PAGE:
As mentioned previously, we recently acquired an Apple TV and a fairly standard 720p 66cm LCD TV.
What problem was I trying to solve?
After spending some time in the US, we have Australian and US iTunes Store accounts. For the last year the majority of our TV came from one iTunes store or another (mostly one). We grew tired of advertising and DVDs. J & I promised that when we gave up our roughly $100/month cable subscription a few years ago that if legal downloadable content became viable we’d be happy to pay at least half that amount on content we could select for ourselves, watch at our leisure, and enjoy without advertising.
We’ve also recently boxed a few hundred CDs and put them in storage. This came about after we realised we’d purchased a shedload of music, but only about one physical CD per year for about 2 years. We needed a more convenient method than an iTunes library on a NAS to access our music collection.
We’re paying to be hostages to iTunes DRM. It’s not great. We got over it.
Convenient and sexily-presented access to all of our music
It’s an always-on jukebox of all our favourite hits which is easier to use than a CD player and doesn’t become scratched and unplayable when handled by children or visiting Luddites.
Consumer-grade access to video content
Fewer hours spent fiddling with PCs or digging for DVDs. Just cursor around and watch. Bored? You can drop a few bucks on a hire movie and watch straight away with little chance of there being a big fingerprint on the final chapter that stops you from enjoying your purchase.
What didn’t I know before I bought it that I should have?
Hard disk size
I got the 160GB version, and not the
8040GB thinking that I had to be able to manually carve up our 220GB of content and I’d prefer to have as much of it available as possible to avoid having to make too many decisions about content. Truth is, you don’t really need to go overboard with hard disk space. I have about 40GB of audio, and when you set the Apple TV to decide what to sync for you, it seems to allocate enough space for my entire audio collection and uses the rest of the space on what video it divines I’m likely to want t watch.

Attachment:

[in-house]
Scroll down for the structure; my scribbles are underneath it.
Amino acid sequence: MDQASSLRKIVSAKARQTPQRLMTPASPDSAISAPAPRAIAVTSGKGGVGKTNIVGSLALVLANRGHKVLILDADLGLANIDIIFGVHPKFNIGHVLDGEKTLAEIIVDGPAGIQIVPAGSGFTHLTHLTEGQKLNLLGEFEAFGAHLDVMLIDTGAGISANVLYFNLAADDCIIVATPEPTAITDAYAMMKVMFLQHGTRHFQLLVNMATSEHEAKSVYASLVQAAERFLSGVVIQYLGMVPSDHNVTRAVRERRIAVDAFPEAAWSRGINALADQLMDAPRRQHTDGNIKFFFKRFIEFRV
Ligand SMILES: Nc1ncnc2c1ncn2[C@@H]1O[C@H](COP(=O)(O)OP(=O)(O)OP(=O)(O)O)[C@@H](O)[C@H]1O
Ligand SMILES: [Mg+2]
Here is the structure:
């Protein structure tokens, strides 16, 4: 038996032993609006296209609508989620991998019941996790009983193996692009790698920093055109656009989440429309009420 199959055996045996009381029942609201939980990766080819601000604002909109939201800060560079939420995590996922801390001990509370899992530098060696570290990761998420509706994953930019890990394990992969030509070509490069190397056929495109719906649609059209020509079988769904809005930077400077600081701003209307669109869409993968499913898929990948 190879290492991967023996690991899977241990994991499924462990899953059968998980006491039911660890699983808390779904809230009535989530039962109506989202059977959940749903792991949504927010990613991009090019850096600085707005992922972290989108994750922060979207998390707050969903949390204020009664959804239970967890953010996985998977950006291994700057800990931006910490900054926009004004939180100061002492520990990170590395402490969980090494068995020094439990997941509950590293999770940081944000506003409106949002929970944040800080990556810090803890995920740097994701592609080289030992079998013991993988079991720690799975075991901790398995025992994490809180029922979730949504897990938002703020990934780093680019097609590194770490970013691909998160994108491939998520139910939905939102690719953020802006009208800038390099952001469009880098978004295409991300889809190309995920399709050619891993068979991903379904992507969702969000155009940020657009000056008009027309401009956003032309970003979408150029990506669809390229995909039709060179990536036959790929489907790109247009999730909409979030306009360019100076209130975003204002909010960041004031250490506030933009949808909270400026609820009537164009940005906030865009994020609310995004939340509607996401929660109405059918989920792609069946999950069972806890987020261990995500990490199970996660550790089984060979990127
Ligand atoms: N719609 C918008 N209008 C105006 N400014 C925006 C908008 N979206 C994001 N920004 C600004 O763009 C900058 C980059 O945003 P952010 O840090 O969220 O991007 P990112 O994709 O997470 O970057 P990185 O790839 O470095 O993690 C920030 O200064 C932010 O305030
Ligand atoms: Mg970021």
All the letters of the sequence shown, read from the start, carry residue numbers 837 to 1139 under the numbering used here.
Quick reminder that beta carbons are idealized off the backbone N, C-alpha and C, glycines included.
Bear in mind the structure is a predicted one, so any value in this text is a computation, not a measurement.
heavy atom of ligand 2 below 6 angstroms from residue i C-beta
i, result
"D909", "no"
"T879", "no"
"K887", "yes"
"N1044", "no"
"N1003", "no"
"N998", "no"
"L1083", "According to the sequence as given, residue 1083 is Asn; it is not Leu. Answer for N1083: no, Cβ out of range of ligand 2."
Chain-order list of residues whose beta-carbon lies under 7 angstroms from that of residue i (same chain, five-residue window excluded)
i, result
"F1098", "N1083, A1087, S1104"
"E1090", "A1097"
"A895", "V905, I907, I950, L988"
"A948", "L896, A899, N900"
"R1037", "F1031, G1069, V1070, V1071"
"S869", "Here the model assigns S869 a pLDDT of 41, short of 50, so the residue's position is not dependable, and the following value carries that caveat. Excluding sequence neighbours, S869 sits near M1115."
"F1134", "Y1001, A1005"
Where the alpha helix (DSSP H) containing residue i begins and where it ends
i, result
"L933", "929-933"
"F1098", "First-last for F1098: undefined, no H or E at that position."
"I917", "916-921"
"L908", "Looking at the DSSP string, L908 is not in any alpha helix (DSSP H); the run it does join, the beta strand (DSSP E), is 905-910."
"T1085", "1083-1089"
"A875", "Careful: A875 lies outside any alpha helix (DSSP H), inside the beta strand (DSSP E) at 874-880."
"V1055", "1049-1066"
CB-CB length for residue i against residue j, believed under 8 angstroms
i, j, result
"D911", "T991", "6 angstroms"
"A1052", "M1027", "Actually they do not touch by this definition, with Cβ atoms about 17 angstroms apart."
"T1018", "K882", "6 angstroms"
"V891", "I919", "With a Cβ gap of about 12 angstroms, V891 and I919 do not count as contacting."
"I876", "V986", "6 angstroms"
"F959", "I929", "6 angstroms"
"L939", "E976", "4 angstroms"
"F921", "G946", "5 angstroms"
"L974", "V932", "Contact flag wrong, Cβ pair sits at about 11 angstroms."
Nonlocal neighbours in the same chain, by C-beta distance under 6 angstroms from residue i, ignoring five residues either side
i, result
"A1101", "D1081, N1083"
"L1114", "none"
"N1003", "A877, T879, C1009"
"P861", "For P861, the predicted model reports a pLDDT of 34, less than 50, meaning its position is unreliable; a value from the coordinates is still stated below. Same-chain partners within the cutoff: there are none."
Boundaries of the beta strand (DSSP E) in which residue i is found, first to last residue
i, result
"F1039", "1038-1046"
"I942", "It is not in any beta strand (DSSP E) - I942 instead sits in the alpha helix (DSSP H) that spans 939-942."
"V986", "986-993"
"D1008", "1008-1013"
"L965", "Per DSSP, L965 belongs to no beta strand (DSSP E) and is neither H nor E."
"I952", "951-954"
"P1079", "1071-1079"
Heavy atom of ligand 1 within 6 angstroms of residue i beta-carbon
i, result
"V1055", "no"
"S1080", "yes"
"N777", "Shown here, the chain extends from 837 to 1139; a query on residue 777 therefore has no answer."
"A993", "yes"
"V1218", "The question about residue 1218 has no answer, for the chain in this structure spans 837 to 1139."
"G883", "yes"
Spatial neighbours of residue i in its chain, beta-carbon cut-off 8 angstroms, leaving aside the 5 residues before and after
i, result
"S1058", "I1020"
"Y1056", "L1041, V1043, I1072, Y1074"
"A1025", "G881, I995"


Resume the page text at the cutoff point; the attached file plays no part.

Automatic sync settings
Automatic sync works by constantly updating the content of the Apple TV with the iTunes libraries on your network to try to make sure the content you care about is online when the iTunes libraries aren’t. If your iTunes library is online, the Apple TV shows the content of those libraries as available through the menu system and if you play something that isn’t on the Apple TV’s hard disk, it begins to copy the content onto its hard disk and starts playing when it’s confident there won’t be a break in transmission to re-buffer.
The Apple TV seems to be hard or slow to wake up after a rest. Often you have to poke away at the remote for 15-30 seconds to get it to display or utter the first "bloops" of evident wakefulness.
Very occasionally the Apple TV appears to thrash like a computer and be consistently unresponsive. Twice I’ve had to switch it off and on to restore sanity and responsiveness.
"While Apple TV is playing back video content, the syncing of content from iTunes is temporarily paused. Syncing will automatically resume shortly after you stop playing video content. " (http://support.apple.com/kb/TA24601)
What this doesn’t tell you is that for some reason, when you’re paused in the middle of an Apple TV-purchased movie, your Apple TV also likes to do resyncs if you accidentally leave your iTunes running on another PC. I suspect it’s zealously syncing where you’re at in the movie so it can restart you from that point on any other iTunes instance. The problem with this is that resyncs while you’re in the middle of a TV show or a movie cause the Apple TV to become unresponsive or sluggish and stuttery for a time. It seems to take upwards of a minute to recover from a resync commenced when you paused a feature-length film. The unit becomes unresponsive, eating remote control clicks or misinterpreting them as click-and-hold commands. I typically spend some time after the Apple TV has recovered from sluggishness trying to find my way back to where I originally paused.
This is probably the biggest disappointment. It seems to me to be a bug. Resyncs should be transparent to the user of the Apple TV and certainly shouldn’t affect usability or response time. Fingers crossed for a fix.
"Automatic" sync almost works as I’d expect
With Automatic sync the Apple TV loads up on video content you haven’t watched yet and content you have watched tends to be deleted to make way for new content. The downside of this for us has been kids’ content. We have Dora the Explorer on high rotation, and the Apple TV liked deleting Dora in favour of other content. Now that Dora has been watched a few hundred times Apple TV has taken the hint, but having to boot up a PC to get Dora on the air was a little more tiresome than I expected. It would be nice if you could explicitly hint that you’d like to prioritise some content for caching on the Apple TV.
Apple TV is visually polished, extremely well integrated with all things iTunes, yet suffers the same poor responsiveness of other computers that pretend to be HiFi equipment (I’m lookin’ at you Media Center PCs). It’s not as polished and predictable as I expected.
On the whole, as an iTunes-dependent family we’re hooked and find it indispensable. Without an iTunes addiction it wouldn’t make a lot of sense.